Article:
Archive for Thursday, January 22, 2004

Study: Classified school workers underpaid

School board agrees to reorganize jobs, salary structure

January 22, 2004


A majority of the Lawrence school district's 750 classified employees are underpaid, officials said Wednesday, and it will require about $800,000 to bring their wages to a competitive level.

In response to a California consultant's study, the school board has agreed to reorganize the classified employee system.

The project will include rewriting dozens of job descriptions and adopting a new salary structure that has fewer job titles and salary ranges.

But earmarking $800,000 this year for pay increases for secretaries, custodians, paraprofessionals, and maintenance, food service, security and technology workers will be difficult, if not impossible, officials said.

"There's no prayer," said Linda Robinson, a school board member. "You wish you could get equity in all these areas."

Board member Sue Morgan said implementing the consultant's recommendations might be accomplished over several years.

"It may take us a little while to do that," she said. "We sure have a target to shoot for and that's a good feeling."

Pat Smith, a cafeteria worker at Lawrence High School, said she would welcome a raise.

"If they could do it, great," said Smith, who has been washing dishes, preparing food or counting change in Lawrence school cafeterias for nearly a decade. "If you want to get good, quality people you need to pay a decent wage."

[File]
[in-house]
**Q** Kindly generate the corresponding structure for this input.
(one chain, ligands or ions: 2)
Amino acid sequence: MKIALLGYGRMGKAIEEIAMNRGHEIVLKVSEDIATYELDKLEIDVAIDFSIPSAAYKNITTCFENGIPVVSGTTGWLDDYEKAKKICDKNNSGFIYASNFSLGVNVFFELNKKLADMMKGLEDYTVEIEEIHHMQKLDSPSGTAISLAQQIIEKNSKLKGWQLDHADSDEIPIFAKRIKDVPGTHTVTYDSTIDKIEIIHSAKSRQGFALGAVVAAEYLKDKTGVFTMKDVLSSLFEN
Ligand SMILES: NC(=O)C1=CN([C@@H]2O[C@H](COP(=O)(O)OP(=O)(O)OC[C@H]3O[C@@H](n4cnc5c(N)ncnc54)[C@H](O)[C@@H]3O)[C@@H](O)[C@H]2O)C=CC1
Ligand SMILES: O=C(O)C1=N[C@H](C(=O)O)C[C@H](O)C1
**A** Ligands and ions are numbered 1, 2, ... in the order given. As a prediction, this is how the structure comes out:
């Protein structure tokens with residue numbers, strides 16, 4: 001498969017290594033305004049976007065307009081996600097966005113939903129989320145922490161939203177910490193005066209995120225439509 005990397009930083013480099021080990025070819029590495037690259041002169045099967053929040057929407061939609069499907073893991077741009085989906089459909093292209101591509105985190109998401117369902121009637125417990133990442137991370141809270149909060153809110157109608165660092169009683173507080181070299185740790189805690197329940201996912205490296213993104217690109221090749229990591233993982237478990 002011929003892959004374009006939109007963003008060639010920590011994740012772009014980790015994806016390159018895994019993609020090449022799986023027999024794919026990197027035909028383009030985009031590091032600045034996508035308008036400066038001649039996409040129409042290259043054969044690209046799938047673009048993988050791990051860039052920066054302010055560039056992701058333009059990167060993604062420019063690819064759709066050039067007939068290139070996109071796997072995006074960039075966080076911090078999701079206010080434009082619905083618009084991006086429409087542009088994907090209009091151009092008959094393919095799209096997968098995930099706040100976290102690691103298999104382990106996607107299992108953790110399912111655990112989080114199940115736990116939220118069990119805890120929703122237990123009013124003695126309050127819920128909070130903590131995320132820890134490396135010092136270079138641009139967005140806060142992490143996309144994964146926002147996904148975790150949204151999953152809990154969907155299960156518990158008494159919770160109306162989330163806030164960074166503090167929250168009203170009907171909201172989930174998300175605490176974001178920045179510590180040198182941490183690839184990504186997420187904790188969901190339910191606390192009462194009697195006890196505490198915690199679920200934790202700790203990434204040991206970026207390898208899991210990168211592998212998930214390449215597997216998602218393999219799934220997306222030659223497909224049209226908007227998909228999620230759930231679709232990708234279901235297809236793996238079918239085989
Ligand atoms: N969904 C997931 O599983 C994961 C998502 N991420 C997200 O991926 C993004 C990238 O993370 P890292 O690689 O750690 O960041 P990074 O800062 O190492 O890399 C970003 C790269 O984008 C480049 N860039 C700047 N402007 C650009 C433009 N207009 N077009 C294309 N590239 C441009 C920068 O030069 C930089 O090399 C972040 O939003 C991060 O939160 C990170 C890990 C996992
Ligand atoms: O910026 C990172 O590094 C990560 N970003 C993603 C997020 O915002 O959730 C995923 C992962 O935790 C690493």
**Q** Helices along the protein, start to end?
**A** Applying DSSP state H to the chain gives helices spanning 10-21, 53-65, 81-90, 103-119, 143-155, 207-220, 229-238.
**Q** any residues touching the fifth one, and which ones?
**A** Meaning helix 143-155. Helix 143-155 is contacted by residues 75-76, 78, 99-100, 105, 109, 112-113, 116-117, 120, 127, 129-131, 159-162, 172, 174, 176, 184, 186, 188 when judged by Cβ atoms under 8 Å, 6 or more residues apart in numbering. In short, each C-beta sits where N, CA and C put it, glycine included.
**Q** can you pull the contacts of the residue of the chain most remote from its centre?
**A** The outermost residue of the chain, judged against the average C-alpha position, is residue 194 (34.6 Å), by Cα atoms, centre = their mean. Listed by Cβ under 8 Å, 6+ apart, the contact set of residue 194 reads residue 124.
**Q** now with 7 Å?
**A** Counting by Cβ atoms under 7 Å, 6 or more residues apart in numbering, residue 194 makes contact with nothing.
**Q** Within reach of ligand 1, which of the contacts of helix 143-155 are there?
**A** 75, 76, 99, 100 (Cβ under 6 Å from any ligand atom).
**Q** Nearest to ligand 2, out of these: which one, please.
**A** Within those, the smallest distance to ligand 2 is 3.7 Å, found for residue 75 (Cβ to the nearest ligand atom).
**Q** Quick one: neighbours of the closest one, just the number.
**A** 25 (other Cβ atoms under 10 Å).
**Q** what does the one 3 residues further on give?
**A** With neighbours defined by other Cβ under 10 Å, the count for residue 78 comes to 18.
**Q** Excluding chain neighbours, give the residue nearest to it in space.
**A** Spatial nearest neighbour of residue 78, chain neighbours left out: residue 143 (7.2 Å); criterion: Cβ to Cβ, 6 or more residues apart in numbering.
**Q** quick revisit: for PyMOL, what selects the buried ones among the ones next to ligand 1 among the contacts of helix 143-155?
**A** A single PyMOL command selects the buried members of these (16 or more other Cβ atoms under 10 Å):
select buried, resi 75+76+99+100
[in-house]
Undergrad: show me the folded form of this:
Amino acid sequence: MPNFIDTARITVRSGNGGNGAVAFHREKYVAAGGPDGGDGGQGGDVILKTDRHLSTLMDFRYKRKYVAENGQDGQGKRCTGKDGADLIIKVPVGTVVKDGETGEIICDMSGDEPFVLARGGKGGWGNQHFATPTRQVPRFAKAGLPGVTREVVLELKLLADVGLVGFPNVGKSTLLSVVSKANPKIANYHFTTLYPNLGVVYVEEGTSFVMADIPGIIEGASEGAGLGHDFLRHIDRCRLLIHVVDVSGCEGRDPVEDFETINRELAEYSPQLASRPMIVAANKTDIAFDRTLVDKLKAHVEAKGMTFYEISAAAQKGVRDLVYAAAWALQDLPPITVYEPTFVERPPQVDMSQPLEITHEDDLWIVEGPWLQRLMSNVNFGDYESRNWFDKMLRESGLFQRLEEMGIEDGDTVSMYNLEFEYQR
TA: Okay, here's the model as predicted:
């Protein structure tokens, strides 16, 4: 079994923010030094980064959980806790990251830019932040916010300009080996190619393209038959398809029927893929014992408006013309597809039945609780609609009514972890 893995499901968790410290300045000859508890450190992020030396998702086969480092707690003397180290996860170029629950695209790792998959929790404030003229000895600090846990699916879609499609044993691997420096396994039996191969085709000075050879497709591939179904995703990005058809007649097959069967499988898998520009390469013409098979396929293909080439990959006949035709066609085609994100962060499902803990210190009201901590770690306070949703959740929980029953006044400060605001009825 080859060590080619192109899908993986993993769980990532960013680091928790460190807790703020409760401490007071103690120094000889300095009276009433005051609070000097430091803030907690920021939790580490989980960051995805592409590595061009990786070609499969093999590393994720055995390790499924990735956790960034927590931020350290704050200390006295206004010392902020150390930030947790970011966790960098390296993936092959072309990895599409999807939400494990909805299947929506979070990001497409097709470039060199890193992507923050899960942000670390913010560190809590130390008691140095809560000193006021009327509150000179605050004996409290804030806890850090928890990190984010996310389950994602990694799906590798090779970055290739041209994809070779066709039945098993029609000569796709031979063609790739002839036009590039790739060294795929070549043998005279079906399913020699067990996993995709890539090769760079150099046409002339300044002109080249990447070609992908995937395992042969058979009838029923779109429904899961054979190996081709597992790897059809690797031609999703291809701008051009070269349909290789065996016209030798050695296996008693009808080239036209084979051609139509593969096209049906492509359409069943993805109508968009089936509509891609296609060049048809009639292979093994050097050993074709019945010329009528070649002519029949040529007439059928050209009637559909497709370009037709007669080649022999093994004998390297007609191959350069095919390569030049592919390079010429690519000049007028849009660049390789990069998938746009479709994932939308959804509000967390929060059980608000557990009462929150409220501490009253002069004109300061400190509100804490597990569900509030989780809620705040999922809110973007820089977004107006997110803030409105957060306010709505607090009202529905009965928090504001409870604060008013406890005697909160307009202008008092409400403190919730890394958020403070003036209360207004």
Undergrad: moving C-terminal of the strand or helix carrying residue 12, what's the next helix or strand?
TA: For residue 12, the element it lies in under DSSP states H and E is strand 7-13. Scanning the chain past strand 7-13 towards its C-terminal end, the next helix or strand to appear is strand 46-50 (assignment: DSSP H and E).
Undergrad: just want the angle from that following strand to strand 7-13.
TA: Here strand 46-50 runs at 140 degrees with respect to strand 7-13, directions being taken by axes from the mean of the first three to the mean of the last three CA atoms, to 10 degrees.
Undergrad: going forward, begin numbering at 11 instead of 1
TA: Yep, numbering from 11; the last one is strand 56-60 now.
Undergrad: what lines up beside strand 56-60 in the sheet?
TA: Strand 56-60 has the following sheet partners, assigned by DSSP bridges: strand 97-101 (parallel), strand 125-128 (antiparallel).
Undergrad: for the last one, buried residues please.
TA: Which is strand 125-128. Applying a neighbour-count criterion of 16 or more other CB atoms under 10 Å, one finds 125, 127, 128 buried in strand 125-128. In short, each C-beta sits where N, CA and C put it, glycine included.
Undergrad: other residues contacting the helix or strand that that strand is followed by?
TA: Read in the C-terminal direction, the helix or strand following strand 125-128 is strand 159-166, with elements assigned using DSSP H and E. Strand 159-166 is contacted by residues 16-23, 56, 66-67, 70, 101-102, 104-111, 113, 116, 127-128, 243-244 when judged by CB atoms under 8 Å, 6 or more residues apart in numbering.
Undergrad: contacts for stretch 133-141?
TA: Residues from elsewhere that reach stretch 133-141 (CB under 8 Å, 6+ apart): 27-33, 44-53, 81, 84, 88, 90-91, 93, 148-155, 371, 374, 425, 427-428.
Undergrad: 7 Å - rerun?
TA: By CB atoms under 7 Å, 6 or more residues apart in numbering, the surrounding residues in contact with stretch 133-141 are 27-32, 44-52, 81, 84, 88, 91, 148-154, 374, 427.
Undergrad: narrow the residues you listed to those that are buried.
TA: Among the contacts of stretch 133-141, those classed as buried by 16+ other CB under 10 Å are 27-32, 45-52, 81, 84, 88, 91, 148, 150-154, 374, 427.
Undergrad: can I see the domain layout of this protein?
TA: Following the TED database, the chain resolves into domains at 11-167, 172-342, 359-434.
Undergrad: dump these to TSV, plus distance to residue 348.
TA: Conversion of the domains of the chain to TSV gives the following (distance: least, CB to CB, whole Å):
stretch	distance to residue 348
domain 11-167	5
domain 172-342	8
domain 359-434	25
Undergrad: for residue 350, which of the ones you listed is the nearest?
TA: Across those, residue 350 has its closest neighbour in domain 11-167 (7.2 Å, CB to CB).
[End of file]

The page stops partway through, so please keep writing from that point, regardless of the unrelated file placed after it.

The divorced mother of three teenagers is in charge of preparing the salad bar at LHS. She earns less than $10 an hour, even after a 20-cent-an-hour raise this year.

She said school workers understood the district was strapped for cash, but said she believed finishing the study of classified employee compensation might at least bring the issue to the forefront.

"You've got to take steps," Smith said.

The study was conducted by Educational Management Solution of Murphys, Calif. It cost the district $36,000, including new software designed to help the district improve its management of compensation information on classified employees.

Larry Hunt, the company's chief consultant on the Lawrence project, said the study compared salaries in Lawrence schools with wages in the Baldwin, Blue Valley, De Soto, Shawnee Mission and Topeka school districts. Salary information for Douglas County, Kansas University and Cottonwood Inc. also was factored into the research project.

"With a couple exceptions," he said, "you generally fall more than 5 percent under the market."

He broke classified employee jobs into five categories: administrative services, instructional services, maintenance and operations, nutritional services and security services.

The study showed district staff in maintenance and operations, as a whole, made more than people employed in those jobs elsewhere, Hunt said. These employees made 102 percent of their peers, he said. The other categories: administrative services, 94 percent of peers; nutritional services, 89 percent of peers; instructional services, 85 percent of peers; and security services, 81 percent of peers.

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